By Heather Irwin
Listen to your momma. Chances are she can lend some ideas and tips about her own experience that might just come in handy. She raised you, after all. Ask other moms for advice as well. "You can ask an 80-year-old woman about having kids, and she'll probably remember everything vividly," says Debbie Merritt, a doula at the Women's Health and Birth Center in Santa Rosa.
Let well-meaning friends and family shower you with developmental gifts and extravagant outfits your baby will wear exactly once for a picture. Studies show that most of this stuff doesn't make a squat of difference. Shower kids with love and attention instead; give them a toilet paper roll and some blocks. Spend the money you've saved on yourself, or save it for your kid's therapy later. Remember: no matter what you do, it will somehow all be your fault later.
The doula question. If you have a great relationship with your obstetrician or midwife, save the money and hire a breast-feeding consultant instead. If you're a little unsure, have a queasy or unsympathetic partner, or just want someone around who will be totally focused on you during the birth, I can't recommend doulas highly enough. It's an empowering, bonding experience.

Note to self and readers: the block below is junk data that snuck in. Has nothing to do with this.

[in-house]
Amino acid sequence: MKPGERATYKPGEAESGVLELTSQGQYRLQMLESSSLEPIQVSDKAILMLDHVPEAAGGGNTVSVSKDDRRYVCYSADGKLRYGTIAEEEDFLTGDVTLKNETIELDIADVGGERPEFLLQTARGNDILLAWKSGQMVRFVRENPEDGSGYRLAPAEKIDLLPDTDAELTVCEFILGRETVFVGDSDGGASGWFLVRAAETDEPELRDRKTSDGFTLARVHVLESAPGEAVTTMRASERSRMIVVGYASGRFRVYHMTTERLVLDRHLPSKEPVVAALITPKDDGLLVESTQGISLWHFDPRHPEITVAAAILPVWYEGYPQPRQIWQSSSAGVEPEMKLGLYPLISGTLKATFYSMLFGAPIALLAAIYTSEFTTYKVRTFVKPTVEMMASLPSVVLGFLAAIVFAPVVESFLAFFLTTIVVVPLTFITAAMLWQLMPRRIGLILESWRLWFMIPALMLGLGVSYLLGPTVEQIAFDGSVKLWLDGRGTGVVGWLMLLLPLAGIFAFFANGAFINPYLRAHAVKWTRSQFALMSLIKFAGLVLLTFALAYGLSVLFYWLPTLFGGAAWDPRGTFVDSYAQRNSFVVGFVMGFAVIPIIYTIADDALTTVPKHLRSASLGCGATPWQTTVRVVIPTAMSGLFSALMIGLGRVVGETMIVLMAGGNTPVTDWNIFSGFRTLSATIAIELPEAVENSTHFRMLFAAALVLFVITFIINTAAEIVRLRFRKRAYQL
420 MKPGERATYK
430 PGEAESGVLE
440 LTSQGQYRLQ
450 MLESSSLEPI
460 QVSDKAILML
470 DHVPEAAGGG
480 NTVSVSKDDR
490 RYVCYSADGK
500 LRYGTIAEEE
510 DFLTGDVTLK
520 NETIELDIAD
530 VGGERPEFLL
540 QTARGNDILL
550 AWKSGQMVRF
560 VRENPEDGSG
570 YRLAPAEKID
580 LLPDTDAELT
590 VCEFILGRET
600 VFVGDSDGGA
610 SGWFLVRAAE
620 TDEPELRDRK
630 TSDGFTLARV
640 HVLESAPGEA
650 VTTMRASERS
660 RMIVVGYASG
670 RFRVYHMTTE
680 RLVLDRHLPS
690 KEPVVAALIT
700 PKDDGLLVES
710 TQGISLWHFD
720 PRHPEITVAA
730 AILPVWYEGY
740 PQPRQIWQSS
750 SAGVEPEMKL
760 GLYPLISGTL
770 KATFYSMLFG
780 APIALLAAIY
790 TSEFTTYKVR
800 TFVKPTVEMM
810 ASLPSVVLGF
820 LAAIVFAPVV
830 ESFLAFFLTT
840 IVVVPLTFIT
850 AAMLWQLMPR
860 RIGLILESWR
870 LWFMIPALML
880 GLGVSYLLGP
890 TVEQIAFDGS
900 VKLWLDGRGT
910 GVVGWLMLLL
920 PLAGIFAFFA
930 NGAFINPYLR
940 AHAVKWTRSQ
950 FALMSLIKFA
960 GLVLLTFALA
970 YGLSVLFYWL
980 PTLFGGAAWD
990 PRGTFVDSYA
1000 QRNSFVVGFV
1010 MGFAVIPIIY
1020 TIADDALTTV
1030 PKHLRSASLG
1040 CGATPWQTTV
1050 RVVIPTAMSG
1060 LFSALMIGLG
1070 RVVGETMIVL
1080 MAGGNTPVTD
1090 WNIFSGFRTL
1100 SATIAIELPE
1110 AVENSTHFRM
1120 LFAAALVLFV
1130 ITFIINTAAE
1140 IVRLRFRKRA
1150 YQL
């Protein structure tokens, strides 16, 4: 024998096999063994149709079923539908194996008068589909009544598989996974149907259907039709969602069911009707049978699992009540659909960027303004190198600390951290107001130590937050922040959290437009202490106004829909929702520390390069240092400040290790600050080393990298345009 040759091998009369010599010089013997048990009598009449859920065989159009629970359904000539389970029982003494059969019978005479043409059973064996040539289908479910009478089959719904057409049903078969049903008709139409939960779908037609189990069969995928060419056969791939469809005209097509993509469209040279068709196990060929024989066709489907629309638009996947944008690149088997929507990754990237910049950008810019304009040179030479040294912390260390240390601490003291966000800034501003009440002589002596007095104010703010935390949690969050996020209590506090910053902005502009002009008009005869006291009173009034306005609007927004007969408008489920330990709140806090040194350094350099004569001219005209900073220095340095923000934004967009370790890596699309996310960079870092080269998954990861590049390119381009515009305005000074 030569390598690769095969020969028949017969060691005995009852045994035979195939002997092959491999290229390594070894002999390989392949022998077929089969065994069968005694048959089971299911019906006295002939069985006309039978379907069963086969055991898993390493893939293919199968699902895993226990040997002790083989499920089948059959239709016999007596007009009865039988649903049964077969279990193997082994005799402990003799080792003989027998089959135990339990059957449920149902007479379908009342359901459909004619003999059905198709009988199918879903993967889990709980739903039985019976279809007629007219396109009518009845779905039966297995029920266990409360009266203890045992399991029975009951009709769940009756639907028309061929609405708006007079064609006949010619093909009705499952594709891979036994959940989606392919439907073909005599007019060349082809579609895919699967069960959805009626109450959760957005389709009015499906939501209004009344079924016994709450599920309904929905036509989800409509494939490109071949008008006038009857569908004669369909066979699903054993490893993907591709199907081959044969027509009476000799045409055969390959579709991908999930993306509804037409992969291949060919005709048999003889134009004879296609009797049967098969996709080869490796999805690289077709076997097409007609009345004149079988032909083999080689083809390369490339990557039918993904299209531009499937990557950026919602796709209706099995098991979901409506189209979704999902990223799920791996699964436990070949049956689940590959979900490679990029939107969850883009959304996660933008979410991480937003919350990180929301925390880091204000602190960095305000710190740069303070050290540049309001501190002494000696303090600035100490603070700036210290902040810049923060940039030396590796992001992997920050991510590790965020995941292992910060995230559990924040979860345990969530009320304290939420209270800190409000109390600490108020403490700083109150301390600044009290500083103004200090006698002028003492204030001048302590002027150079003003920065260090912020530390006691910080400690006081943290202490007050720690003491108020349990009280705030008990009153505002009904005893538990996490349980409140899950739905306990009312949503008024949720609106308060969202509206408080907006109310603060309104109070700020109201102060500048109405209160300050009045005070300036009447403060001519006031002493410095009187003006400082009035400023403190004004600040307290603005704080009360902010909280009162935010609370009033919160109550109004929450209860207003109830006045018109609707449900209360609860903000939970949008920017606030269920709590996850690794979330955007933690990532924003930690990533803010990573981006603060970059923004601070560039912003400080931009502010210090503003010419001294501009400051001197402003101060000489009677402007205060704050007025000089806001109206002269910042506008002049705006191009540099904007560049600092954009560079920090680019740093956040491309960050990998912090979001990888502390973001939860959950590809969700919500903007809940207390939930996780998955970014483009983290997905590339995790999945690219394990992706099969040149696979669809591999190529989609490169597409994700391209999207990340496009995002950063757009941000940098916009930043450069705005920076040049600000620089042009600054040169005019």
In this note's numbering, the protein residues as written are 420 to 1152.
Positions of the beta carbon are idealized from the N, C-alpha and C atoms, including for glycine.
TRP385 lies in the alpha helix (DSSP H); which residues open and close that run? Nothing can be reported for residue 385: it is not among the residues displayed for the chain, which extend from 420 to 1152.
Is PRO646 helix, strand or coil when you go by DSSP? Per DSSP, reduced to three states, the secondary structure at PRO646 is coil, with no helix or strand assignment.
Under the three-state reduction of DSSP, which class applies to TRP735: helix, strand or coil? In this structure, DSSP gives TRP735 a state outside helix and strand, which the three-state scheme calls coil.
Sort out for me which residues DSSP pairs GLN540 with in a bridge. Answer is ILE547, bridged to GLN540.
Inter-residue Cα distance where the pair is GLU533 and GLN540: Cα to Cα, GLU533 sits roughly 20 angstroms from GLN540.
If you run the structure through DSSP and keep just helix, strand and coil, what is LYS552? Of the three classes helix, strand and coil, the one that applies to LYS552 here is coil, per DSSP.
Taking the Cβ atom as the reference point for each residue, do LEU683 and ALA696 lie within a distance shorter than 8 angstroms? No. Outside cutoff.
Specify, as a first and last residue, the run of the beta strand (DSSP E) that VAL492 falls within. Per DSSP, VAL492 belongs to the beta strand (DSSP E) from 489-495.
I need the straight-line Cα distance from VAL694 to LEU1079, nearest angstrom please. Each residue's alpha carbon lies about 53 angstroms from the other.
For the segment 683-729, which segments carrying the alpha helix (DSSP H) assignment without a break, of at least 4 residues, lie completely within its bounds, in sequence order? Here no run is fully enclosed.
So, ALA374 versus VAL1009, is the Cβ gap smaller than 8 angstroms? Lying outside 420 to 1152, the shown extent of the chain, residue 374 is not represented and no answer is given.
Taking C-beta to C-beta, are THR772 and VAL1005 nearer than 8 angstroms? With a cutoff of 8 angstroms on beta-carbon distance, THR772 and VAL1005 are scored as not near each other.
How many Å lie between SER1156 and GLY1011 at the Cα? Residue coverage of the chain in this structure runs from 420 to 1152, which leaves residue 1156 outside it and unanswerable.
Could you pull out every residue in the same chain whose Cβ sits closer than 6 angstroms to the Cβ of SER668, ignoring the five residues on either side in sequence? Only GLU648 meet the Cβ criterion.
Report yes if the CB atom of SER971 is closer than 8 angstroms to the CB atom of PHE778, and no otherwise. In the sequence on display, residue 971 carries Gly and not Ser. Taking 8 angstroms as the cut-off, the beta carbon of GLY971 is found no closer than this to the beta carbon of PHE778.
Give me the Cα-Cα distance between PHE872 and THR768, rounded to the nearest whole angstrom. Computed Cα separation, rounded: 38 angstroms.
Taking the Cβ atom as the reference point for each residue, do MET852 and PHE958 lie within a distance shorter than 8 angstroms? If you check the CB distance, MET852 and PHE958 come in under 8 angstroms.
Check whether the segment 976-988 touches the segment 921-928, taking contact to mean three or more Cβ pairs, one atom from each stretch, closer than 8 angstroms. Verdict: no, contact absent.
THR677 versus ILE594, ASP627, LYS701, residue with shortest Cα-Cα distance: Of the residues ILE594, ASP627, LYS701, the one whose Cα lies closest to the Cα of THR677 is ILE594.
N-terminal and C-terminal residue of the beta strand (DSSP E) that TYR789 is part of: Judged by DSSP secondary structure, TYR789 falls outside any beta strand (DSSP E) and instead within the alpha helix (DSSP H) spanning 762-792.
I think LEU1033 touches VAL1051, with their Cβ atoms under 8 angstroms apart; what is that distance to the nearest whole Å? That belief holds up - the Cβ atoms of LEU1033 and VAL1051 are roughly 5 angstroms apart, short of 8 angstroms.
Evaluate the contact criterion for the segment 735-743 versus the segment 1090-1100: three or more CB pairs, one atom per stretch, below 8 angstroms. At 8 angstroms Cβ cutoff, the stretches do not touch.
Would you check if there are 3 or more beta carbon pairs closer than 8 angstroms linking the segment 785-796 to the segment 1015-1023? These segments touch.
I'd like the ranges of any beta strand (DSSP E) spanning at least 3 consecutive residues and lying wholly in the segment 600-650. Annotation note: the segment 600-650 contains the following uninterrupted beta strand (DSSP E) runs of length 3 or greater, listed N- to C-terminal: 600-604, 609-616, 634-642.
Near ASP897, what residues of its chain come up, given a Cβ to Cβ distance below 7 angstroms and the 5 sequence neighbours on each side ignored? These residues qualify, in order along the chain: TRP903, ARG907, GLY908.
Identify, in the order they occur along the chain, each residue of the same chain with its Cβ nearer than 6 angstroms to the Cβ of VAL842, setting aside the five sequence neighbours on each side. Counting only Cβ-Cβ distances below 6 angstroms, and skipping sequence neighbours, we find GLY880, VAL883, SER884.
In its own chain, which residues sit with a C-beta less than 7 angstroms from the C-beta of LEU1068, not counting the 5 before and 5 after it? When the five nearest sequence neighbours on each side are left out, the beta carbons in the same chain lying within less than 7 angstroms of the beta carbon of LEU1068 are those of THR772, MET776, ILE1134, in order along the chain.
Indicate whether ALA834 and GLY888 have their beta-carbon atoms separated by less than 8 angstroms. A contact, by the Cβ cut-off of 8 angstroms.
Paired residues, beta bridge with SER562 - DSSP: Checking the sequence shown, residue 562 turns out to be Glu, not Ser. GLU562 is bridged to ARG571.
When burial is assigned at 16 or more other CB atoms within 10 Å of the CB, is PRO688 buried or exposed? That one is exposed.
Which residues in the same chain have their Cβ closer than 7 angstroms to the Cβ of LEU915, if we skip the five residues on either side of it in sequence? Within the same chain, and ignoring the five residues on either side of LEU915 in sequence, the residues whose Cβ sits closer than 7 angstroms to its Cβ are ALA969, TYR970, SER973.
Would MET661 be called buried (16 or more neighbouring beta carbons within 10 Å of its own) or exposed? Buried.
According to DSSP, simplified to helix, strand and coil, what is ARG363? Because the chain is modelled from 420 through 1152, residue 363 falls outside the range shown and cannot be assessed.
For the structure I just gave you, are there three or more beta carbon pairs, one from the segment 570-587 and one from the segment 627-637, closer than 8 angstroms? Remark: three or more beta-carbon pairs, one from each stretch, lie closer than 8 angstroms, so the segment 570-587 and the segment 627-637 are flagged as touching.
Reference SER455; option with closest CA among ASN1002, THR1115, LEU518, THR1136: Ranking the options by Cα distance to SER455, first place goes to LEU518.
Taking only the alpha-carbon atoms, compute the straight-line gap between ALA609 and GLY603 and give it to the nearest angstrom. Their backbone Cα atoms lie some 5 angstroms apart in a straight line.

It feels good in the early stages of your pregnancy to chat or read stories from other moms. But beware of getting too engulfed in the chatter. You'll likely read more horrifying birth stories than you really want to and get sucked into a vortex of drama and insecurity. Trust your intuition, read reputable, humorous books, like The Girlfriends' Guide to Pregnancy by Vicki Iovine. They'll keep you laughing and give you advice and insight. Finally, always call your doctor if something is upsetting you, rather than seeking advice online.
The one thing moms-to-be often forget is to take care of themselves first and foremost. Now isn't the time to start a rigorous exercise regimen, but it is time to eat right, pamper yourself and keep your body flexible and healthy. Join a local gym that offers water aerobics for moms, take a prenatal yoga class and get a manicure, pedicure and massage as often as your wallet will allow. If you can't afford it, just walk every day and take a bubble bath (not too hot) every night, carving out time just for you. You'll feel better and will get into the habit of taking the "me time" you'll need after baby comes.
From the October 5-11, 2005, 2005 issue of the North Bay Bohemian.
© 2005 Metro Publishing Inc.